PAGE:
Britain’s whale, dolphin and seal populations are at risk because of inconsistent approaches to environmental impact studies, experts have found.

Researchers from the Edinburgh-based Heriot-Watt University examined 93 "cumulative effect assessments" conducted by 11 maritime industries between 2009-2019.

Industries are obligated to conduct these assessments during the planning process of new projects - such as offshore wind farms, fish farms, harbour developments or turbines.

They attempt to assess whether the projects will have increasing negative effects on the environment, and the animals within it.

Experts found that some of these studies were extremely vague, while others contained extensive scientific detail into the project's environmental impact.

Surveys conducted by fish farms, oil and gas field developments, harbour development projects, and decommissioning scored the lowest, and did not show signs of improvement, according to the research.

Newer industries like offshore wind farms and tidal and wave energy performed better, showing improving signs over time.

These differences could be leading to negative consequences for the UK’s maritime animals, according to Professor Lauren McWhinnie.

She said: “Human activity with UK waters could influence how whales, dolphins, seals and other marine animals use these areas.

“Changes to their habitats can have temporary or permanent effects on these animals, depending on the nature of the activity.

“In some instances, this could even lead to population-level impacts.

“Ideally all marine users would assess their activities based on the same standard.

“This would help safeguard marine mammals and the wider marine environment.

“This is just one measure we could put in place to help ensure that further development of our marine space is done so in a sustainable manner, prioritising the conservation of important species like whales and dolphins around our coast.”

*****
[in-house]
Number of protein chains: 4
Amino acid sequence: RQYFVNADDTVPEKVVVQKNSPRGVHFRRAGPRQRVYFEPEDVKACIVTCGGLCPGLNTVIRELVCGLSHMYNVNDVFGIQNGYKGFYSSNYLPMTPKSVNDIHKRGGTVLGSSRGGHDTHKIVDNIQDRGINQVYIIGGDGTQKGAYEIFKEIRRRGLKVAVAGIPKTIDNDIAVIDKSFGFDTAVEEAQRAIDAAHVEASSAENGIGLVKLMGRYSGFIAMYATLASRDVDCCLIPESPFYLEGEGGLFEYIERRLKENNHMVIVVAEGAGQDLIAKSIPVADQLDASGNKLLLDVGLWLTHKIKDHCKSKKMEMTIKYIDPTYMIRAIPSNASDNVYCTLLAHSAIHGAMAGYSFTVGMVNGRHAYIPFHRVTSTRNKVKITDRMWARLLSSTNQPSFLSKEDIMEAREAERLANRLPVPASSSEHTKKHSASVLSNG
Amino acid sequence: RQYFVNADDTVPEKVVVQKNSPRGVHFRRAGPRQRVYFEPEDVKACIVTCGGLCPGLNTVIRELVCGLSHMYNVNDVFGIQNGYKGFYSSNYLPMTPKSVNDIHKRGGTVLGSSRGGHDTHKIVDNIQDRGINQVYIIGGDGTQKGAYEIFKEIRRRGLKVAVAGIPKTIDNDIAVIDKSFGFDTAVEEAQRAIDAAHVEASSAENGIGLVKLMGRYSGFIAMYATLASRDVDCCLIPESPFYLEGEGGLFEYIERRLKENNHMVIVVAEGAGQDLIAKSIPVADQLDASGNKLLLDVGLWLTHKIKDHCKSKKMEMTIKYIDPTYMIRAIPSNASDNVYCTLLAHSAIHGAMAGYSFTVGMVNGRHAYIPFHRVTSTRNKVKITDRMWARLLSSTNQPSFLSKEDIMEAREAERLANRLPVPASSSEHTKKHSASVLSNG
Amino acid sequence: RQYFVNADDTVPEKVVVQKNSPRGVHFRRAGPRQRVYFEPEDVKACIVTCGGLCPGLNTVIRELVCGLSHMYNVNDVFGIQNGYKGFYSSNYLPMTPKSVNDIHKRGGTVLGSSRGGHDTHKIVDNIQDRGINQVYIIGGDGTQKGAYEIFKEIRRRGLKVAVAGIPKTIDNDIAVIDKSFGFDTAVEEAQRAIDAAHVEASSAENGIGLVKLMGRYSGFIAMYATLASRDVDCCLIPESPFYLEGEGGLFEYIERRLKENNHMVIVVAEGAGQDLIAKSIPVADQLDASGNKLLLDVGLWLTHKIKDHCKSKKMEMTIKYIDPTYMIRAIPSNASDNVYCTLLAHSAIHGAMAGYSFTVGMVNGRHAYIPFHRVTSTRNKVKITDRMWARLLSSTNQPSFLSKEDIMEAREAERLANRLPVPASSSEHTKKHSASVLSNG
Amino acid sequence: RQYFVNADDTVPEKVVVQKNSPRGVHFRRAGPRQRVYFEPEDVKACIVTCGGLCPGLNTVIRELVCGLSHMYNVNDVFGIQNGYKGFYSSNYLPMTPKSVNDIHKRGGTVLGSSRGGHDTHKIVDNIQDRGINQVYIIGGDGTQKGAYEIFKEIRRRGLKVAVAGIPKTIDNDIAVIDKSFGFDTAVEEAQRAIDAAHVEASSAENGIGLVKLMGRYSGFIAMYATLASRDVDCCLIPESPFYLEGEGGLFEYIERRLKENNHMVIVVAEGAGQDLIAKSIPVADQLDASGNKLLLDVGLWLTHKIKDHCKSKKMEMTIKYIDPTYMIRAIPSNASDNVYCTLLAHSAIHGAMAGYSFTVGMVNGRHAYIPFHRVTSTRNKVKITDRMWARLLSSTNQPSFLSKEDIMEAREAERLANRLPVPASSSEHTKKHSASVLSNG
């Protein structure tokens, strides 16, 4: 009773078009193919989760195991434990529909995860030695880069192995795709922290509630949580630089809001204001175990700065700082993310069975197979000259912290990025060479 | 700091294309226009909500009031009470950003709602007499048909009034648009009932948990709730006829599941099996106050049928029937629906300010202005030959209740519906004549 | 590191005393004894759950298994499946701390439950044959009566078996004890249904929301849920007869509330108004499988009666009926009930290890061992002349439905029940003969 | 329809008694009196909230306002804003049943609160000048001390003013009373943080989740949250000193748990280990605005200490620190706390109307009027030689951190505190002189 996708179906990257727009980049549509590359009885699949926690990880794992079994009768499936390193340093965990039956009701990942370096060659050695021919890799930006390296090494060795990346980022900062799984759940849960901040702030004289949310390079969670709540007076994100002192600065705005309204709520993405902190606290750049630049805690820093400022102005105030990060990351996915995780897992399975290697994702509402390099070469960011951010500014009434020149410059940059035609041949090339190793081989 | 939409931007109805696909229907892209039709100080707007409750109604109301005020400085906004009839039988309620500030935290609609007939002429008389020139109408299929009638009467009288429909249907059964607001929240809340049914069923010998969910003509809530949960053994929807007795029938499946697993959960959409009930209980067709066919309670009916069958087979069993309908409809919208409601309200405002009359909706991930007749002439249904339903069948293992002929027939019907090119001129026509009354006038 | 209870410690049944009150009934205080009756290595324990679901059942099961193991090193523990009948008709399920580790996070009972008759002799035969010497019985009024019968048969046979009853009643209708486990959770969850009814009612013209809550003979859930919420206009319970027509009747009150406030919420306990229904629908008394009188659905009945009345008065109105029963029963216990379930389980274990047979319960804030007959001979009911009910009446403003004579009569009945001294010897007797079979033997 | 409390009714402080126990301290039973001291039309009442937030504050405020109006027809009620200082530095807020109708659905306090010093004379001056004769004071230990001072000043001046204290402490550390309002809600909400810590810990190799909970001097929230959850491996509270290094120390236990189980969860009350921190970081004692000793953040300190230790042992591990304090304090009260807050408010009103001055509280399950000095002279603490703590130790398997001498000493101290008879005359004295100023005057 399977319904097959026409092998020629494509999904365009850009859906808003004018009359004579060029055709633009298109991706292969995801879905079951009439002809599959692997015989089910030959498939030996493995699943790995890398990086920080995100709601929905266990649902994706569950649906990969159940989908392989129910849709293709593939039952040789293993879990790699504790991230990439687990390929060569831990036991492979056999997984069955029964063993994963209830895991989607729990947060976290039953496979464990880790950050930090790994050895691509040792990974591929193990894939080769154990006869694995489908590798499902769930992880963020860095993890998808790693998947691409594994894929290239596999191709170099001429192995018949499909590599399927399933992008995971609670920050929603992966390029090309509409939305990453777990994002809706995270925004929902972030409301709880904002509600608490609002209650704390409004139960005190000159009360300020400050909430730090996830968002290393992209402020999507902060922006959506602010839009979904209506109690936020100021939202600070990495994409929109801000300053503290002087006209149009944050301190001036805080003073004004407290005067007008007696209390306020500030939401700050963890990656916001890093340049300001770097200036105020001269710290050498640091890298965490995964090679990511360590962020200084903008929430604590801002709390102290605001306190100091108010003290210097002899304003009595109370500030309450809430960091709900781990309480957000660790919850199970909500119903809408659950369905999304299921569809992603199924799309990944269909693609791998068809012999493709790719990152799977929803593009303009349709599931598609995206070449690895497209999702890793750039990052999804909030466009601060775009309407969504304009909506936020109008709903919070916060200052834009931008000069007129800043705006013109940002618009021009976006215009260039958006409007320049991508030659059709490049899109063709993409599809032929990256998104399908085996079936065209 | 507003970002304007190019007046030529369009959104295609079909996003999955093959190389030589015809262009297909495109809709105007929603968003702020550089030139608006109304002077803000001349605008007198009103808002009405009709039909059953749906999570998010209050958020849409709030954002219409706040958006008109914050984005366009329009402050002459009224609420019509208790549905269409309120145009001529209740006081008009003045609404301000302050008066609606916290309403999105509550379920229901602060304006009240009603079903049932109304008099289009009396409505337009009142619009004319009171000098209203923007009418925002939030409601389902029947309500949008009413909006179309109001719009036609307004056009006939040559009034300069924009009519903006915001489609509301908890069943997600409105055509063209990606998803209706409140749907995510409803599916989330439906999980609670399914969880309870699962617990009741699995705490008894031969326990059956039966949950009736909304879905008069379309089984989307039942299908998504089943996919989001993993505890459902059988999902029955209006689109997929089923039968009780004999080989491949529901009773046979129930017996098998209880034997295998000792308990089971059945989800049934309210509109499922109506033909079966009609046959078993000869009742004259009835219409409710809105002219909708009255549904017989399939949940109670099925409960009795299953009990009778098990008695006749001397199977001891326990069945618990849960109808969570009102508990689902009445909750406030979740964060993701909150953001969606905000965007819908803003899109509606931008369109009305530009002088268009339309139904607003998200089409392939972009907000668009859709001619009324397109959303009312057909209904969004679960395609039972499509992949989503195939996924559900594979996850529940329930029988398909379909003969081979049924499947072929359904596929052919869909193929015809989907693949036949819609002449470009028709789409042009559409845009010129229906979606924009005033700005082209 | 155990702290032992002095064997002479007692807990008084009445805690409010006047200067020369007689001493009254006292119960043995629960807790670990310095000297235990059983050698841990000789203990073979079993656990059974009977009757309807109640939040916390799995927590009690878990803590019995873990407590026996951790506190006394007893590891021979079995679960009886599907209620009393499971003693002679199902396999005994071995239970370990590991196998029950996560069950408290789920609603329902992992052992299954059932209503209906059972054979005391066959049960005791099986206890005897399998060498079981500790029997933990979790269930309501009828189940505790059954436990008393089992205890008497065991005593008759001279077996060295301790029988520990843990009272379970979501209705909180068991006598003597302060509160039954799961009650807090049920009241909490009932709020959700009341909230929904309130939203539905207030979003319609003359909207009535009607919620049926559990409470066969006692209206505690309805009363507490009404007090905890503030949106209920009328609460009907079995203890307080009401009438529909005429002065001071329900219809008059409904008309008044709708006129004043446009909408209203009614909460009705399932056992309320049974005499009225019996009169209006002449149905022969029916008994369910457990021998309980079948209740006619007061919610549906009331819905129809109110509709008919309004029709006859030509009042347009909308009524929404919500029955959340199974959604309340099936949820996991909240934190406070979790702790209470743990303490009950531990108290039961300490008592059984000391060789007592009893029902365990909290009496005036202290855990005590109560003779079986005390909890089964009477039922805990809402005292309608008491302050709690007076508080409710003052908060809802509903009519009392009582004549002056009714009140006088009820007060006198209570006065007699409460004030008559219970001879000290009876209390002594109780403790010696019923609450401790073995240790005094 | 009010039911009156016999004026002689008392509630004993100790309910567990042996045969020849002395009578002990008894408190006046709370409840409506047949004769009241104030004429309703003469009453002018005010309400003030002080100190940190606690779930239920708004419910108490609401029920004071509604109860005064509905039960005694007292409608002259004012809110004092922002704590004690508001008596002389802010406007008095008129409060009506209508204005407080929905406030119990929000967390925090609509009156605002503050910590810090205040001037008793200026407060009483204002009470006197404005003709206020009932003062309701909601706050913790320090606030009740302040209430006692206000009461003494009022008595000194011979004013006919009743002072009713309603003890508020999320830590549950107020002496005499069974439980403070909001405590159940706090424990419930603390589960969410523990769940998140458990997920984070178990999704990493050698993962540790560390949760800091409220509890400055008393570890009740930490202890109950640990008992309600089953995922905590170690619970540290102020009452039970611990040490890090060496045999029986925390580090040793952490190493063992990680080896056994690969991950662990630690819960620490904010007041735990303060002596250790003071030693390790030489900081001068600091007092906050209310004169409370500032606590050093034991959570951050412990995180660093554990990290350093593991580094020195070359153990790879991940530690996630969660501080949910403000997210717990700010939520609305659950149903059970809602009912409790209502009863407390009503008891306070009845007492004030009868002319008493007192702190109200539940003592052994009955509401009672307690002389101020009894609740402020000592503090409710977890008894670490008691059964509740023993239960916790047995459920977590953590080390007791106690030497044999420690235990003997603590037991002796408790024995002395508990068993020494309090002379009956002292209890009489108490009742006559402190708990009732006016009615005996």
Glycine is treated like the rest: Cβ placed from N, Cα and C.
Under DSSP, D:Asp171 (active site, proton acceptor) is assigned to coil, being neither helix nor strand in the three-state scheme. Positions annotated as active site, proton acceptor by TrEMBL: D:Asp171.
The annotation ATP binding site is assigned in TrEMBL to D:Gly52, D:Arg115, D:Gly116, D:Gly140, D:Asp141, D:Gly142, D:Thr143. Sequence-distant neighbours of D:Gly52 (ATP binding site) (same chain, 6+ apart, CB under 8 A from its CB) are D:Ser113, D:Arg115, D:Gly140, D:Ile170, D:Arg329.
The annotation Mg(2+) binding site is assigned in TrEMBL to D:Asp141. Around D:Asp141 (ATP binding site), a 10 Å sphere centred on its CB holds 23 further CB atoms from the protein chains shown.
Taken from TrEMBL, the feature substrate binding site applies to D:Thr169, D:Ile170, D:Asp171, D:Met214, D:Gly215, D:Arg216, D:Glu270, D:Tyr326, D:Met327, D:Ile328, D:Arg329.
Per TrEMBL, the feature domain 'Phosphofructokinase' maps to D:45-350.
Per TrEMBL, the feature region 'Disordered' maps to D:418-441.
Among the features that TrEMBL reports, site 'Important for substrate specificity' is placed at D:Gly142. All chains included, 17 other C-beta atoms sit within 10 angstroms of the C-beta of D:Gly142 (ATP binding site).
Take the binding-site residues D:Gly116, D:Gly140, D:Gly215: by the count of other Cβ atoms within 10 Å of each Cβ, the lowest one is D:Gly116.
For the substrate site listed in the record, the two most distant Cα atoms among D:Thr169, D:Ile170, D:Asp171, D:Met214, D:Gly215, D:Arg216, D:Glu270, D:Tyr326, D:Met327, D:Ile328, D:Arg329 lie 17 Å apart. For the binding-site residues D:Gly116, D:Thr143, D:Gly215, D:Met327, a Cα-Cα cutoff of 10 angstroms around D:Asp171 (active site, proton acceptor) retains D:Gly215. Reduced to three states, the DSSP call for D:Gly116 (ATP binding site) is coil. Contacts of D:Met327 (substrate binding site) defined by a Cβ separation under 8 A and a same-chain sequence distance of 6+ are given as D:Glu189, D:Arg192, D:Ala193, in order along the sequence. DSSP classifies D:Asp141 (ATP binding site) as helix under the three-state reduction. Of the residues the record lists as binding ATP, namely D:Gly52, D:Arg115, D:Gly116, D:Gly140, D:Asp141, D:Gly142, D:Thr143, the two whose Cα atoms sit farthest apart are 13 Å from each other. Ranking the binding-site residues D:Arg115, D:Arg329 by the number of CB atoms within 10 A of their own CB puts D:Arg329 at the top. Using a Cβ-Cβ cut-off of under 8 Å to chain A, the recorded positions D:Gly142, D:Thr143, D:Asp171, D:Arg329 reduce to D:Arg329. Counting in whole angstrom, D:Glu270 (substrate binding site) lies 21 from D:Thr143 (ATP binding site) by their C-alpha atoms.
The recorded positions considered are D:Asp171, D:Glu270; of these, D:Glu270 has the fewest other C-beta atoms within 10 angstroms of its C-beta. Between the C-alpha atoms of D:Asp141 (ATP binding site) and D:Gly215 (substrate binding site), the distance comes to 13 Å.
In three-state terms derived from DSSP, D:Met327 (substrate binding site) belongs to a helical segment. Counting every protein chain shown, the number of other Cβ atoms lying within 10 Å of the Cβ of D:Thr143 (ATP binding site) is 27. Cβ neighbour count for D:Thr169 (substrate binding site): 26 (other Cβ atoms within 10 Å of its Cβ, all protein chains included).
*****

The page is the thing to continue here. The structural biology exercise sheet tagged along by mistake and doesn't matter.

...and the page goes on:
Marine animals found in Wales include porpoises, bottlenose dolphins, grey seals and leatherback turtles.

Basking sharks can sometimes be spotted off the Pembrokeshire coast, and Orcas (killer whales) occasionally visit the waters of north Wales.

The National Wales: Killer whales are sometimes spotted off the Welsh coast. (Picture: Pixabay)Killer whales are sometimes spotted off the Welsh coast. (Picture: Pixabay)

The bizarre looking Ocean Sunfish - which can reach the same weight as a car - has been sighted in Mumbles, Langland and Milford Haven in recent years.

PhD student Emily Hague said: “We scored the 11 industries over time based on how they are assessing their potential to have cumulative impacts on marine mammals.

“What’s striking is the disparity between these legally-required assessments.

“Some cumulative effect assessments were just a few lines in a report, while others were 50 pages long, including complex and up-to-date and appropriate scientific knowledge and methodology.


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“We found that cumulative effect assessments conducted by fish farms, harbour development projects, oil and gas field development and decommissioning scored the lowest.

“According to our criteria, these industries showed no improvement over time.

“Newer industries like offshore wind farms and tidal and wave energy performed much better and improved over time.”

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